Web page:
Posted on: October 3, 2016
Prime Minister Justin Trudeau announced today that Canadian provinces have two years to adopt a carbon pricing scheme or the federal government will step in and impose one for them. “This is really good news for the BC economy as it will bring the carbon prices in other provinces up to our level,” said Dr. Joel Wood, Assistant Professor in the School of Business and Economics.
“A minimum carbon price imposed by the federal government is a big step forward for Canadian climate policy. It will help minimize the negative effects to the economy of reducing emissions. And allowing the individual provinces to decide what to do with the resulting revenue from the tax is a smart move,” he explained.
Wood was recently awarded a Social Sciences and Humanities Research Council (SSHRC) Insight Development Grant to evaluate the Ontario emissions permit trading policy. Student researchers will assist in the study, analyzing publicly available data.
Read: Joel Wood, Op-Ed, The case for Canada going it alone on carbon emissions, Macleans, Oct. 12, 2016
“They will see tangible results from their work and get a real taste of the research process working on this topic,” he said.
Wood is investigating whether corporations act strategically in an effort to increase their initial allocation of carbon permits. He hopes to discover whether emissions trading resulted in further pollution reductions than would have occurred under more traditional, less flexible forms of pollution control, and whether the current policy has exacerbated pollution ‘hot spots’ within Ontario.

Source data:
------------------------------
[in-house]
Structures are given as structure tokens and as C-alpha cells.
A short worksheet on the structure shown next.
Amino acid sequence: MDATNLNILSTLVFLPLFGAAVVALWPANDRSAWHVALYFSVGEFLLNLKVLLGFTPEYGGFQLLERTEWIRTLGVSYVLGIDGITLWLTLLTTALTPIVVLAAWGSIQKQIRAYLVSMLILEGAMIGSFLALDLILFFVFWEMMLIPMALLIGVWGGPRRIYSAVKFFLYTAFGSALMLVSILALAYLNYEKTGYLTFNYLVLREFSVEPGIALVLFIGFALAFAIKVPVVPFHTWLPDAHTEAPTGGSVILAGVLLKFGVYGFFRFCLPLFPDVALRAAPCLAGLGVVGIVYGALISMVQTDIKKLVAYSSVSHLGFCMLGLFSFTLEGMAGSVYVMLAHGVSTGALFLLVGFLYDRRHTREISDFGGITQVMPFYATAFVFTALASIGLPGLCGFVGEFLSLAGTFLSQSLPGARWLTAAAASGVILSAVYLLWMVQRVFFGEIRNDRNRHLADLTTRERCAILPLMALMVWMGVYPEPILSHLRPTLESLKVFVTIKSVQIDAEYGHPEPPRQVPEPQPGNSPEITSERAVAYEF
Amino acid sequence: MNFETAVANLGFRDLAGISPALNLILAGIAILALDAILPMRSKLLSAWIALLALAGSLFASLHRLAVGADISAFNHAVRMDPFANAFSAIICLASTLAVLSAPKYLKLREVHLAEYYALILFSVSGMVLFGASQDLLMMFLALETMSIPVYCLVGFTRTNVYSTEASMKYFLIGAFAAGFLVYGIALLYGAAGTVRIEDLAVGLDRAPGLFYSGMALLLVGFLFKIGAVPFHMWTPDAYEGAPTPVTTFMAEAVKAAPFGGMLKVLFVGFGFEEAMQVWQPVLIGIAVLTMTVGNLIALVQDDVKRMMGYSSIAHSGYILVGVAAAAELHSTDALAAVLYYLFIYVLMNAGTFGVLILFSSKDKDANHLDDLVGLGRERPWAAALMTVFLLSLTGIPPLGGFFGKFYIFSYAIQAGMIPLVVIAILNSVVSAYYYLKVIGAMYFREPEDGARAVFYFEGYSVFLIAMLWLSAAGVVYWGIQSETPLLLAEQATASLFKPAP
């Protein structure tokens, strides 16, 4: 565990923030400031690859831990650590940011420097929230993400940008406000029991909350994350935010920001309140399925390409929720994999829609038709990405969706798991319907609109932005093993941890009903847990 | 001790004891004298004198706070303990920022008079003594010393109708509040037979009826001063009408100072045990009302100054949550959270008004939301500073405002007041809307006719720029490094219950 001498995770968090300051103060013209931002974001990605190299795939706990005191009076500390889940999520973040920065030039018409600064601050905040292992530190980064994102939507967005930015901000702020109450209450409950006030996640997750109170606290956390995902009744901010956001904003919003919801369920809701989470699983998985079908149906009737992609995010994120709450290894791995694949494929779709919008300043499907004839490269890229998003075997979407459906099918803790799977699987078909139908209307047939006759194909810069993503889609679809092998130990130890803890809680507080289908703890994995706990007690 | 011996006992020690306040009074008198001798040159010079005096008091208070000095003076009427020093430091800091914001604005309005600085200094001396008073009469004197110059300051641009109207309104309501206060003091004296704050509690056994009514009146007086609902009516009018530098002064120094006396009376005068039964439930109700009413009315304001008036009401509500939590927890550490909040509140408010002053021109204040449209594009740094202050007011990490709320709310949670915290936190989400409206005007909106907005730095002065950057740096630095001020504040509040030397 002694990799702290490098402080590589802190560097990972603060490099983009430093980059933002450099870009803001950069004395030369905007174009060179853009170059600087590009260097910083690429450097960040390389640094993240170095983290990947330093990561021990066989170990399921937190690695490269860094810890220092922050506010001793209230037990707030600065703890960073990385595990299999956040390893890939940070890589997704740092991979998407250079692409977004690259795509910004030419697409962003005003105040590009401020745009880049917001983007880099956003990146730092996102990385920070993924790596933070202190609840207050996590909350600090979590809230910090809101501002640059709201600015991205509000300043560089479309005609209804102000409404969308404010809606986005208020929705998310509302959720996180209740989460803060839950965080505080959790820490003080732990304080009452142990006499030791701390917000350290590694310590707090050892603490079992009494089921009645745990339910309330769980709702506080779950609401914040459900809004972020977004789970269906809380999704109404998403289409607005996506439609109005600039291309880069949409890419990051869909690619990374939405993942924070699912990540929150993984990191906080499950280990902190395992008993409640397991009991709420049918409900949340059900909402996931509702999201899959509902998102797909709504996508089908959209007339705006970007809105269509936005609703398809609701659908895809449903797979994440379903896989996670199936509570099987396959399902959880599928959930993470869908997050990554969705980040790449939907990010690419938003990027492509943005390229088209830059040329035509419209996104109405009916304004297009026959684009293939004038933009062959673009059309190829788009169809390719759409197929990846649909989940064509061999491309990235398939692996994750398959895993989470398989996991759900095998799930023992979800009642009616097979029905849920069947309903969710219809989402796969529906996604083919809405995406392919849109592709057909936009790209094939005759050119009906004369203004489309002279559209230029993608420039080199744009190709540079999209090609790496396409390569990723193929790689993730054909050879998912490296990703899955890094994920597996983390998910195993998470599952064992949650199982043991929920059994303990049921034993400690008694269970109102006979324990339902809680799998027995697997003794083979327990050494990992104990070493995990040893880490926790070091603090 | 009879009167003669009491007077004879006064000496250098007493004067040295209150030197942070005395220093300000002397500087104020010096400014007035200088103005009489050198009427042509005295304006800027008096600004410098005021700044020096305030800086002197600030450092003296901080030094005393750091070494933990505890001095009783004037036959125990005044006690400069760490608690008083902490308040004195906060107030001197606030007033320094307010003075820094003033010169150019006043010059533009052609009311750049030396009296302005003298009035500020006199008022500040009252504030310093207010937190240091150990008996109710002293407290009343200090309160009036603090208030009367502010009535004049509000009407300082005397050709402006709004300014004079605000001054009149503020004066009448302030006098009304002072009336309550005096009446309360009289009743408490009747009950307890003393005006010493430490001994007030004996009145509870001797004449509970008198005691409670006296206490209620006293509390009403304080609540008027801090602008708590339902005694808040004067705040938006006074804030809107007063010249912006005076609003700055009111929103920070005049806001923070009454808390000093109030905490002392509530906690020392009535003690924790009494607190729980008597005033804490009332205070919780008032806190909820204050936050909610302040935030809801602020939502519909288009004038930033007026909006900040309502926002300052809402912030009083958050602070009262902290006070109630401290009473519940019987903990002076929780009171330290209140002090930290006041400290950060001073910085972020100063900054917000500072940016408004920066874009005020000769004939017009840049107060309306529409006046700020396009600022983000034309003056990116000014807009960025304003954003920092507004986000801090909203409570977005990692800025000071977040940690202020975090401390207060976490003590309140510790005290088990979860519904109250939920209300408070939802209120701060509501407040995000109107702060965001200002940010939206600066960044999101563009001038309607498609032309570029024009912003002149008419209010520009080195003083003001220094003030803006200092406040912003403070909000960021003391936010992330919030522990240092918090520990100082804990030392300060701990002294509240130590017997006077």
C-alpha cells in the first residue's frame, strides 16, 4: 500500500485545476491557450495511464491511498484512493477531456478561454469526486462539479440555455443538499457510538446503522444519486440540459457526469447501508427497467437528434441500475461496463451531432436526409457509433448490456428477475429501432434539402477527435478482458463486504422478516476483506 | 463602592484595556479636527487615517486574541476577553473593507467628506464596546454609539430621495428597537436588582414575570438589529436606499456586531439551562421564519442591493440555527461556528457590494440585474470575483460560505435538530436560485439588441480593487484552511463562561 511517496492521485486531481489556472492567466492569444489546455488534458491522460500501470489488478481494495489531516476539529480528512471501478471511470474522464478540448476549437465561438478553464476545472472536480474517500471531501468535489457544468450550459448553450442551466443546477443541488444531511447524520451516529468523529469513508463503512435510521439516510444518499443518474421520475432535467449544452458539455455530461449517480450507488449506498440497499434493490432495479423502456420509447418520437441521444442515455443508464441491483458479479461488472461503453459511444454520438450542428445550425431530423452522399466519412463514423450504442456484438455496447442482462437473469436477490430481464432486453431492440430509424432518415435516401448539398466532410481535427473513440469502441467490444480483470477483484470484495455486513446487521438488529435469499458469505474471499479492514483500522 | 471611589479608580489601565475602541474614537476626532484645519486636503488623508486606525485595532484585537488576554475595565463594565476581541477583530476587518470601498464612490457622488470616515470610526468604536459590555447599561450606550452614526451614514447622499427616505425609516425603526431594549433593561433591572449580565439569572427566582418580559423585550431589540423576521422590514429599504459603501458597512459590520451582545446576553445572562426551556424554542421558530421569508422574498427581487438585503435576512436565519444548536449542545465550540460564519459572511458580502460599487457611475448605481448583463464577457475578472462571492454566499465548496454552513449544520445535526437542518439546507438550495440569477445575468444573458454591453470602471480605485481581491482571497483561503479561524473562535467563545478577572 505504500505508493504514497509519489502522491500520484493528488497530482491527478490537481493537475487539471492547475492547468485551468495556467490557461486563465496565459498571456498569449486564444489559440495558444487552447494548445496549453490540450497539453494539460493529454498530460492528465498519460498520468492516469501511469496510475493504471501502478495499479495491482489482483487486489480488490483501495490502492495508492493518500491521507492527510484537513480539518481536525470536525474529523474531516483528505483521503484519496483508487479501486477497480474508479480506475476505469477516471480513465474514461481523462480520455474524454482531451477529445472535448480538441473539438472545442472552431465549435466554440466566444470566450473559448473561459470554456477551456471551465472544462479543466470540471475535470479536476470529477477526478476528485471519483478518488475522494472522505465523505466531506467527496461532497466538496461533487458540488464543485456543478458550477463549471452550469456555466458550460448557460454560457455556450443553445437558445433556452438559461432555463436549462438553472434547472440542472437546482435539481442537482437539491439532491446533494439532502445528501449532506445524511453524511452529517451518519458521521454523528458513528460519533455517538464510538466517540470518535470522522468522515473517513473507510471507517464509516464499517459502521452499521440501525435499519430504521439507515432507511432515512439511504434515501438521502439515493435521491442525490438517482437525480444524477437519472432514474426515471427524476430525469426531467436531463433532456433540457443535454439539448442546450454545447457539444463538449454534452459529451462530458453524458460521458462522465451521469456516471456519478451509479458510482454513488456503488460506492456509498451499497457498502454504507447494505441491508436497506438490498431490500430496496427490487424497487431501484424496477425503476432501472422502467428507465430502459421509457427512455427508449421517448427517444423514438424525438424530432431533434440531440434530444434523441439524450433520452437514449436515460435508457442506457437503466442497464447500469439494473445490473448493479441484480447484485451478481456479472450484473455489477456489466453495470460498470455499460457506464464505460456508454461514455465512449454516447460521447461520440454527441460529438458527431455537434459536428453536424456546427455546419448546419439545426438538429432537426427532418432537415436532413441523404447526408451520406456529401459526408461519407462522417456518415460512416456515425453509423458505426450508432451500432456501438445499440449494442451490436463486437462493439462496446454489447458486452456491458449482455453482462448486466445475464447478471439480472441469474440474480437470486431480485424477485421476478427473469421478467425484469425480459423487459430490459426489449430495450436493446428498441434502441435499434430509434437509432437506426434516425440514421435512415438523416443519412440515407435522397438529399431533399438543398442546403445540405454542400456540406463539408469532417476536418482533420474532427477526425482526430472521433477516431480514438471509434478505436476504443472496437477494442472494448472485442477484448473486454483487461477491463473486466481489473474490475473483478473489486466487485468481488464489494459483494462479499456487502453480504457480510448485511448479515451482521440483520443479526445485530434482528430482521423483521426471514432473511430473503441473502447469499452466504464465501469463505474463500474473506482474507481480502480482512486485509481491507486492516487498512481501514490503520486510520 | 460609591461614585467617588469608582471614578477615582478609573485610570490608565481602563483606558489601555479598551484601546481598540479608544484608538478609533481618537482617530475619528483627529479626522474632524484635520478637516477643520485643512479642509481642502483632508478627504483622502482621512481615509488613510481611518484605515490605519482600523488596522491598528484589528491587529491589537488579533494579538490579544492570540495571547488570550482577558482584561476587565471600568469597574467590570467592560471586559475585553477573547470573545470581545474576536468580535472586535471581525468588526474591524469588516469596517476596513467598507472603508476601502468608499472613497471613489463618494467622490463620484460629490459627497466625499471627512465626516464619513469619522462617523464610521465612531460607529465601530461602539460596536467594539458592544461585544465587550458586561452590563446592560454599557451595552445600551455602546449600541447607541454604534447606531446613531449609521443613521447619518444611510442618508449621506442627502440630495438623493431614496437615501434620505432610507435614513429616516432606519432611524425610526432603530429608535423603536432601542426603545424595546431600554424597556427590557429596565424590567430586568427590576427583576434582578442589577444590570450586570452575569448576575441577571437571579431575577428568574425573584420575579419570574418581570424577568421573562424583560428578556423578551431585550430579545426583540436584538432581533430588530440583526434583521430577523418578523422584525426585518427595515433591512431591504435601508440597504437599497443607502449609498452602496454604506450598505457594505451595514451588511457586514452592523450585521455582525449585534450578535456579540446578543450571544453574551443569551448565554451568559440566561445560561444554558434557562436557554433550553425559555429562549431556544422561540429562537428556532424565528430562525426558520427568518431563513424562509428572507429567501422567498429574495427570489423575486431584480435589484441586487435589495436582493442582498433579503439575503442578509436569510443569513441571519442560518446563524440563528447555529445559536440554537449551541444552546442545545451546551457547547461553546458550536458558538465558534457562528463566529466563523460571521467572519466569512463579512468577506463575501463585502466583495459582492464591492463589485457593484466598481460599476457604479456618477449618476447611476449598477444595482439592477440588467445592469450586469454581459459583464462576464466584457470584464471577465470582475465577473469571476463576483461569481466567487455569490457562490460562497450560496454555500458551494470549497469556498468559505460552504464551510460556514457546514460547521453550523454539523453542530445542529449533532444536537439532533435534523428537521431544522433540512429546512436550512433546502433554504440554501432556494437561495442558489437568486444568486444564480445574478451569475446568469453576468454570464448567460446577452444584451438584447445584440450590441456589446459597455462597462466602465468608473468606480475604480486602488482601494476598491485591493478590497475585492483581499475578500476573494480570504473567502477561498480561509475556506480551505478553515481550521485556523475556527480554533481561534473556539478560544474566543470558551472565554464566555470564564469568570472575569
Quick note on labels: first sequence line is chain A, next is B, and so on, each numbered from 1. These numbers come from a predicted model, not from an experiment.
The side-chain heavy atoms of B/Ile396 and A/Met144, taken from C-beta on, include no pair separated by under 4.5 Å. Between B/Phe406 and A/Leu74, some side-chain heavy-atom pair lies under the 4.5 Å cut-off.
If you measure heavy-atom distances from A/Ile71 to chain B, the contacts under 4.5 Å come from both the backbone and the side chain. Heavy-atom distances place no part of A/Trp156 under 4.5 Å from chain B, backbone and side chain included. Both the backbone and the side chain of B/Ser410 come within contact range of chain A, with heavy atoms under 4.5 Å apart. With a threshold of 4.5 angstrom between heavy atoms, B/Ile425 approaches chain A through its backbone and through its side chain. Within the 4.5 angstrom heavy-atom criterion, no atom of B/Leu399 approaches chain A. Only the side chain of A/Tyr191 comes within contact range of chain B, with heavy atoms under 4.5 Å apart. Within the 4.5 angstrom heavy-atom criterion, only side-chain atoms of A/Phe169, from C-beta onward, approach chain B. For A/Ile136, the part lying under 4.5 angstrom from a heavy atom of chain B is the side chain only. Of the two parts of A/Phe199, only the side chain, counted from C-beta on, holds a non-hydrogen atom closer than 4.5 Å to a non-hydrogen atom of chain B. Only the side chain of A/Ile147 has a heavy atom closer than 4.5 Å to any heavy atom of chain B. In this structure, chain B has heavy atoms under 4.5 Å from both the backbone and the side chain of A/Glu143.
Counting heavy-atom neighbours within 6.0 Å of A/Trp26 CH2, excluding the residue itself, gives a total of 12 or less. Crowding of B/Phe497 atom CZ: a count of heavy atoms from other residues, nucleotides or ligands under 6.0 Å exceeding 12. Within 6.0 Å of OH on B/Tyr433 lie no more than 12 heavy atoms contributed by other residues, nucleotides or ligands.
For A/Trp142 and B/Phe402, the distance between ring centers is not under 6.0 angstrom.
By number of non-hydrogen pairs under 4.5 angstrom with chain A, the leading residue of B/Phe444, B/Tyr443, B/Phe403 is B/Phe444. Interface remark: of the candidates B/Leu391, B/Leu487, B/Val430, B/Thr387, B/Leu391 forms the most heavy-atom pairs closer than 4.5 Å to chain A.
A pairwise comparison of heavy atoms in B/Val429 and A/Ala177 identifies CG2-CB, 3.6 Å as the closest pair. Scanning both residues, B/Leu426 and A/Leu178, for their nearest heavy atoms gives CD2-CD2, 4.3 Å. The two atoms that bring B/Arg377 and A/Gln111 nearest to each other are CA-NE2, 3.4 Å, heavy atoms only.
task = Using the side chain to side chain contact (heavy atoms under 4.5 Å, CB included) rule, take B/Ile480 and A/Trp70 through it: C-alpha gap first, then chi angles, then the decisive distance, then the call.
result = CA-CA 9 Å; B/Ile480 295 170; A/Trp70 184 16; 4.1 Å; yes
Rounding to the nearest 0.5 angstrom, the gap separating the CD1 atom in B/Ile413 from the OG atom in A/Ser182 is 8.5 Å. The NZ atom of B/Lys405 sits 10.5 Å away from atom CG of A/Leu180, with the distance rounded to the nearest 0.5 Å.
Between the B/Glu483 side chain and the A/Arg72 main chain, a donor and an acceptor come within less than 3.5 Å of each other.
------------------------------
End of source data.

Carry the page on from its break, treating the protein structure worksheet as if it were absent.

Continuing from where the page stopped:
Results from this work will signal whether policy adjustments are needed in the future and will have an impact on the types of carbon pricing schemes other provinces adopt following today’s announcement from the federal government. “An evaluation of the policy is crucial to inform policy makers considering tradable permit policies for local air pollutants or greenhouse gases,” explained Wood. “Decision makers are looking for the least costly policies that will help achieve a cleaner environment.”
Wood teaches environmental economics and has noticed a trend in students seeking out courses that relate to the environment and sustainability. Students are learning that people always respond to prices and this holds true in environmental protection and policy: “A feel good reason won’t lead to the reductions we need; you need a policy that changes people’s behaviour.”